President Donald Trump is preparing to slap tariffs on Chinese goods early Friday, the first shot in a trade war between the world’s two biggest economies.
Tariffs on $34 billion of Chinese goods are scheduled to take effect at 12:01 a.m. in Washington, the U.S. Trade Representative confirmed in an email Thursday. The milestone marks a new and damaging phase in a conflict that has roiled markets and cast a shadow over the global growth outlook.
In Beijing, policy makers are digging in for what could be a protracted fight -- one in which they say they won’t be the aggressor. Beijing has said retaliatory tariffs on U.S. goods ranging from soybeans to pork will go into effect immediately after the U.S. acts.
With further tit-for-tat levies already threatened between the U.S. and China, some investors are concerned this week may mark the start of a trade war that spreads globally. Trump has already imposed tariffs on imported steel, aluminum, solar panels and washing machines.
As the deadline approached with little sign of a last-minute deal, U.S. stocks pared gains. The Standard & Poor’s 500 Index rose 0.7 percent at 1:35 p.m. in New York, heading for the best gain in four weeks.
The looming tariffs have prompted central bank officials to try to reassure investors. The European Union has taken a firm stance ahead of the escalation, with Bank of England Governor Mark Carney saying that the rise of protectionism will affect trade flows and push up import costs.
Read more: what you need to know about the trade war
“This is a dark day for economists. We’ve generally seen freer and freer trade since World War II, and now we seem to be reversing that,” David Dollar, senior fellow at the Brookings Institution in Washington and a former U.S. Treasury attache in Beijing, said in a Bloomberg Television interview on Thursday. “China is committed to retaliating proportionally.”
Here’s a rundown of the key facts about China’s position in the conflict:
What goods are to be targeted?
On June 15, Trump said the U.S. would begin charging additional duties of 25 percent on $50 billion worth of Chinese imports in response to what he says is theft of American intellectual property. That’s split into two rounds -- $34 billion on Friday and $16 billion later.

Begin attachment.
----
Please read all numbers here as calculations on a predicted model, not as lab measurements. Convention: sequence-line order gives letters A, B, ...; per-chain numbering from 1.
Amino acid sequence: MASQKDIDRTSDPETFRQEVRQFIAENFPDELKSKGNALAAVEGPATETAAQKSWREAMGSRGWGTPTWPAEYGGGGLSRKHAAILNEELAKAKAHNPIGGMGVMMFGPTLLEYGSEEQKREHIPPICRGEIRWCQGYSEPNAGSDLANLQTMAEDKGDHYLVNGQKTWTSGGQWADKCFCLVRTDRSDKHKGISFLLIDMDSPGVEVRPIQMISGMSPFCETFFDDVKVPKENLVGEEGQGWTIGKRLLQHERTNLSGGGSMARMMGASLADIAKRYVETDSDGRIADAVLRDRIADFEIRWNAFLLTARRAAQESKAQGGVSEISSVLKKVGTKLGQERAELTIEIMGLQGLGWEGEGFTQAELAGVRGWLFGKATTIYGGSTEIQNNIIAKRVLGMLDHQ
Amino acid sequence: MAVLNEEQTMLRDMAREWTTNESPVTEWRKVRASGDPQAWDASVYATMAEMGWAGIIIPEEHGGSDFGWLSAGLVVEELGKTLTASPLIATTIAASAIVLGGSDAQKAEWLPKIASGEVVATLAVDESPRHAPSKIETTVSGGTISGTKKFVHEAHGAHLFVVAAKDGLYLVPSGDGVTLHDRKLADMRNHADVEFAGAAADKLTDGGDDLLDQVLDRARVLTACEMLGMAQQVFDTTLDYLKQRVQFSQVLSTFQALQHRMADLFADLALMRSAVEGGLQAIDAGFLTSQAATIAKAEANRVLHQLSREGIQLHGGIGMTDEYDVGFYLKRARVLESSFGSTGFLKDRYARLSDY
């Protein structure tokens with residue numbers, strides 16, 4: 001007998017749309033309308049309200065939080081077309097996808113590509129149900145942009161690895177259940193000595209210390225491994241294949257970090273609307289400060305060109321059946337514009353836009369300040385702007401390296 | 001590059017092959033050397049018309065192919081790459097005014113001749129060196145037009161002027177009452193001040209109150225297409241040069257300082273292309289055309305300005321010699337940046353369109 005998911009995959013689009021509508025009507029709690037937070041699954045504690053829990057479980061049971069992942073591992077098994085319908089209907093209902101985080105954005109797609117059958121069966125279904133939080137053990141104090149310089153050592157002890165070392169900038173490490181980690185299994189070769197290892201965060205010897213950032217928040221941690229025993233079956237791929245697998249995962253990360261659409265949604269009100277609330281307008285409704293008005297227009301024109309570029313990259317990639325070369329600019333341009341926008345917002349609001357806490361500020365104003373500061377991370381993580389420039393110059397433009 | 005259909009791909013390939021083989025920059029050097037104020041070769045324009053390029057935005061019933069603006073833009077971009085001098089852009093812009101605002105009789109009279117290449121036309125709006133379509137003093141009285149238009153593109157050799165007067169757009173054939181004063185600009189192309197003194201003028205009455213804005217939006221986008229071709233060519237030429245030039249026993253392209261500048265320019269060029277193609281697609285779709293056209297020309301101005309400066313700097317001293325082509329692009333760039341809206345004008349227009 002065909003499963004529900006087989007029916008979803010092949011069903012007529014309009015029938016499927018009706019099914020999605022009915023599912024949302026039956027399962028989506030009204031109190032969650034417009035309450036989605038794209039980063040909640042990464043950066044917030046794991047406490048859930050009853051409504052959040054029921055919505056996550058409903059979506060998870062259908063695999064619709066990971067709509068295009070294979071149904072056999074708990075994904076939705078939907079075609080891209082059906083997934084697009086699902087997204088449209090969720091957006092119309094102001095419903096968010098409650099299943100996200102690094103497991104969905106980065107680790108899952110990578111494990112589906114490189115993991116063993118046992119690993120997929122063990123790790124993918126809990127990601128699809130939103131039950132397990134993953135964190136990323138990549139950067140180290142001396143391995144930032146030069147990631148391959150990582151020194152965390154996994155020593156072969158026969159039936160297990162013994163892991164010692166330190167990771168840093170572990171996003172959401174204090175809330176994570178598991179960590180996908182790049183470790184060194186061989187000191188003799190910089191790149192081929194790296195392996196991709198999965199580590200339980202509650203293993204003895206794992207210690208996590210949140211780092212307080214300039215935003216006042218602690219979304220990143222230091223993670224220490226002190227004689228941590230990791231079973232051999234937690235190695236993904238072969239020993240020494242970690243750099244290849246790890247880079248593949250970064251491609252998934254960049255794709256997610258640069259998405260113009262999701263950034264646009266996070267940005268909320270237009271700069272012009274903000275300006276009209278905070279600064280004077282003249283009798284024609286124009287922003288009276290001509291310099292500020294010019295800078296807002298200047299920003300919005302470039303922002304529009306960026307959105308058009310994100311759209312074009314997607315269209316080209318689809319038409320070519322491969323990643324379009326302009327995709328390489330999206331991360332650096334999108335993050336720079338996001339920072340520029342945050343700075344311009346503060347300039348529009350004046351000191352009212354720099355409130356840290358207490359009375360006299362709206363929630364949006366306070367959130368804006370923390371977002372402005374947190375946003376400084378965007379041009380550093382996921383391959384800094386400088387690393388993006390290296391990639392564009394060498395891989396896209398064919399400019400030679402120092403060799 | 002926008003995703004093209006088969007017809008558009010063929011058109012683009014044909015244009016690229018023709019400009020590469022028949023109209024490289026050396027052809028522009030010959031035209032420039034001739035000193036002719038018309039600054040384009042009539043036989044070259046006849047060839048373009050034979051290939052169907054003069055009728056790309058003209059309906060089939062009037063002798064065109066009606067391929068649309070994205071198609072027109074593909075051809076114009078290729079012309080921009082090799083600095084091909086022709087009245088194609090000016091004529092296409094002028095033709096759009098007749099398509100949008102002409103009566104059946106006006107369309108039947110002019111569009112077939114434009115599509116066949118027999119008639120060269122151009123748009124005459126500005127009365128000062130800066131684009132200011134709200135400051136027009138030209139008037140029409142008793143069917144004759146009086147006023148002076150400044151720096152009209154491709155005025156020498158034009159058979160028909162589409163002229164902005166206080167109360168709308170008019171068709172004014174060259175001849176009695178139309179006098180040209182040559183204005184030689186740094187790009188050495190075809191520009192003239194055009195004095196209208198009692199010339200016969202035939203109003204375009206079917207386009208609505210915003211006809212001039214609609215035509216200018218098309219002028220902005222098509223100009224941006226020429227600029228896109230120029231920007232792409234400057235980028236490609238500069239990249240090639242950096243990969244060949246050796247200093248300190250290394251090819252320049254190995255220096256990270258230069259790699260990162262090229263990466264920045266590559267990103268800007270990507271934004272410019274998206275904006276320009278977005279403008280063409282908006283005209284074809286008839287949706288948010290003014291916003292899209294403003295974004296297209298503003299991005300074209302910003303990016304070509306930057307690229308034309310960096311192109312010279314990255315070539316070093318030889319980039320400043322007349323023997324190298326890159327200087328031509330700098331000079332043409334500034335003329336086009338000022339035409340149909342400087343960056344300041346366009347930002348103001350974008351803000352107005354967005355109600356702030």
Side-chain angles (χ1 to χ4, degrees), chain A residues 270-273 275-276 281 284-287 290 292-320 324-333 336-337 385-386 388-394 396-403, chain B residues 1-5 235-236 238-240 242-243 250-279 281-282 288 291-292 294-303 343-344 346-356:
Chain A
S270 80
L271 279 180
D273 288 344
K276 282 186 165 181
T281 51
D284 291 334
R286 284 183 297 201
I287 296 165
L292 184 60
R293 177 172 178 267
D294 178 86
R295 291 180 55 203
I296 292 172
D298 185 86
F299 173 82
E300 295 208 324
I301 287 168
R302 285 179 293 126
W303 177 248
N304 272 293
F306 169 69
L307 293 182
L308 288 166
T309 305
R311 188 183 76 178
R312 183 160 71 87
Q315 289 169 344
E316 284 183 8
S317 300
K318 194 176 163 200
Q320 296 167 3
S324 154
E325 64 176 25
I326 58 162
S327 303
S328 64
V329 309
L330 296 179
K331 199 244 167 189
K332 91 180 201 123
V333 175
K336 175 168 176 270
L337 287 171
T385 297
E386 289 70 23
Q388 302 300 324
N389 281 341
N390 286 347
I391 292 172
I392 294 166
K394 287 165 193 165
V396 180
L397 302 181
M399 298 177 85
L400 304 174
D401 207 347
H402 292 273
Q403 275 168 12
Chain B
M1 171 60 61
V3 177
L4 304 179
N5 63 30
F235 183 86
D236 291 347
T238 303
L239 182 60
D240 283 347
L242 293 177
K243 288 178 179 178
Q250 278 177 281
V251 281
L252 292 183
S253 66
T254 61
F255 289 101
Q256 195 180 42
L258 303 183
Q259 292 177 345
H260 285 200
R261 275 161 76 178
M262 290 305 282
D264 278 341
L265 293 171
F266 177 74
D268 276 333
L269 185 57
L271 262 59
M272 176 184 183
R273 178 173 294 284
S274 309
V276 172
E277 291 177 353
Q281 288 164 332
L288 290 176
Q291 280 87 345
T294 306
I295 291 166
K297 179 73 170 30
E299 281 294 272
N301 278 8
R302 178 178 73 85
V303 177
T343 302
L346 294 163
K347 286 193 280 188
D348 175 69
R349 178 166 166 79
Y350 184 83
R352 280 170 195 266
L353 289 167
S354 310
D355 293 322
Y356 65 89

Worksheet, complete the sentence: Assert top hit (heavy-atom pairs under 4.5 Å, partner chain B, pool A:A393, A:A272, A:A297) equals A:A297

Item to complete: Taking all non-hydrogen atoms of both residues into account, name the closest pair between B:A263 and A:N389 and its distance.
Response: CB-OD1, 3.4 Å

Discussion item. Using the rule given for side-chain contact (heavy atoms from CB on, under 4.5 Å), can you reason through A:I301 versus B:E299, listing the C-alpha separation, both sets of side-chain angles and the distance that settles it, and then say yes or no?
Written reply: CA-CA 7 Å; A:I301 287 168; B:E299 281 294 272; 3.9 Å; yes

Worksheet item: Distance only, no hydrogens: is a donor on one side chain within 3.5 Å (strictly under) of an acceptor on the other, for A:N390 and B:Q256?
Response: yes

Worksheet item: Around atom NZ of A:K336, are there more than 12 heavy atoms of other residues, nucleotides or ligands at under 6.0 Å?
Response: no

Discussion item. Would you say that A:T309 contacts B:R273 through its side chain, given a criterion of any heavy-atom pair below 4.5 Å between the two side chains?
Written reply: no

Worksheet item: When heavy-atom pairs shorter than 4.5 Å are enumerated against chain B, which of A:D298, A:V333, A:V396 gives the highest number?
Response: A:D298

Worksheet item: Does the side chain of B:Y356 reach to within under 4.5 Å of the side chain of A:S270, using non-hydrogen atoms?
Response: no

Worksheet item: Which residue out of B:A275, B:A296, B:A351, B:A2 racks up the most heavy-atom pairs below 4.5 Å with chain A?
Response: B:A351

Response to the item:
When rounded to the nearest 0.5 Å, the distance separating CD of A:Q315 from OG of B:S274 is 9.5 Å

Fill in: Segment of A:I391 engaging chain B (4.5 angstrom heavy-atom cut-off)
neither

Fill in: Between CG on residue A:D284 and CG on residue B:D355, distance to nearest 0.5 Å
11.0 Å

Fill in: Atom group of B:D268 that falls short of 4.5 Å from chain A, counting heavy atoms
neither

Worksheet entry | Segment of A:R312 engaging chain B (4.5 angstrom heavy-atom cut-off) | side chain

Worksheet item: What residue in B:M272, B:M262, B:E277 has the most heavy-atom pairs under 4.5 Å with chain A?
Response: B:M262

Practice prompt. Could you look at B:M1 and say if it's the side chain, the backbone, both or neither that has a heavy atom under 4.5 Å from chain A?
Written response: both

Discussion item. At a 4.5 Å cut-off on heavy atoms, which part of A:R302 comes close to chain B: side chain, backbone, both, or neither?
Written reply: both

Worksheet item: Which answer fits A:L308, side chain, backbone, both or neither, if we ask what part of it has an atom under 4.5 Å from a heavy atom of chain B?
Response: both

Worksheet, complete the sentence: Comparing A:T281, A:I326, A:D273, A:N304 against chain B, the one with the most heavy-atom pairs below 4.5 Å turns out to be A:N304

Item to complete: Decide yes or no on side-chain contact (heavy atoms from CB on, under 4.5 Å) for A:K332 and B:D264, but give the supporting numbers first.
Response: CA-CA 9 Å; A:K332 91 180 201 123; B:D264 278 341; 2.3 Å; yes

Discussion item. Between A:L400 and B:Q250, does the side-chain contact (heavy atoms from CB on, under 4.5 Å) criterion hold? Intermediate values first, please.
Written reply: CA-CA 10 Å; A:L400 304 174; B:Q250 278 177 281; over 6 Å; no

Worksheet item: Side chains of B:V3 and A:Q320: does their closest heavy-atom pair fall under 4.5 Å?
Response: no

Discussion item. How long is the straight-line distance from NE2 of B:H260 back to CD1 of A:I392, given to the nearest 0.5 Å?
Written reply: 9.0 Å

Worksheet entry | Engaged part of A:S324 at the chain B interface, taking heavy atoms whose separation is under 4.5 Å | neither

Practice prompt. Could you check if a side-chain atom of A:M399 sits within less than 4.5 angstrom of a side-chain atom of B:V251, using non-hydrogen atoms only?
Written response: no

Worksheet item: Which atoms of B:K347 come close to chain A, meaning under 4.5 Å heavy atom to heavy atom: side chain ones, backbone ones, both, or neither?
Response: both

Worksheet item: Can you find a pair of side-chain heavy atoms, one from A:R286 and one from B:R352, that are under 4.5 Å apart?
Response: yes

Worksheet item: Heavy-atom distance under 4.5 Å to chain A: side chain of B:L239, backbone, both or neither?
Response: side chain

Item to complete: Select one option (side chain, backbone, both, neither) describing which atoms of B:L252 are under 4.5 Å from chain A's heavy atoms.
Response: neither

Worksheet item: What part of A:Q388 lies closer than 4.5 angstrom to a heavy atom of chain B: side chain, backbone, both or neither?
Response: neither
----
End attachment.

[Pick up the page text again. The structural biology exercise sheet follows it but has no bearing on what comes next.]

China has said it will fight back with “equal scale, equal intensity.”
How will the tariffs be implemented?
Customs services for the U.S. and China will be responsible for collecting the new tariffs as imports pass through the port of entry. When products on the list for extra levies are declared to customs, the importer will pay the additional levies.
Are markets ready?
Chinese stocks have taken a beating in recent weeks, entering a bear market, as concerns about the trade-war have mingled with worries about how an ongoing debt-control campaign will feed through into the outlook for economic growth.
People’s Bank of China Party Chief Guo Shuqing sought to calm markets, saying bond market risks are controllable and the economy is capable of bearing the impacts of trade frictions. The economic fundamentals mean a sharp depreciation of the yuan is unlikely, he said in an interview with the Financial News.
U.S. Federal Reserve Chairman Jerome Powell said on June 20 that officials are beginning to hear that companies are postponing investment and hiring due to uncertainty about what comes next. “Changes in trade policy could cause us to have to question the outlook,” he said during a panel talk in Portugal.
U.S. stocks have wobbled on trade frictions, but the S&P 500 Index remains roughly level from the start of the year.
What can the real-world impact be?
The tariffs are already having an effect. As an example, Chinese companies are reselling U.S. soybeans, and Chinese companies are expected to cancel most of the remaining soybeans they have committed to buy from the U.S. in the year ending Aug. 31, once the extra tariffs take effect.
Some American business are bracing for impact. U.S. manufacturers and business groups have said the tariffs could increase their costs and lead to higher prices for consumers.
Still, data released Thursday show world growth isn’t showing any signs of being dented. The JPMorgan-Markit global composite PMI rose to a four-month high of 54.2 in June.
“Although uncertainties have clearly increased this year and pose downside risks to growth, the latest batch of timely activity indicators suggests that in the shorter term the global economy is resilient to these worries,” Ben May, director of global macro research at Oxford Economics in London, said in a report on Thursday. “Business surveys point to a very positive investment outlook despite ongoing protectionism fears,” May said.
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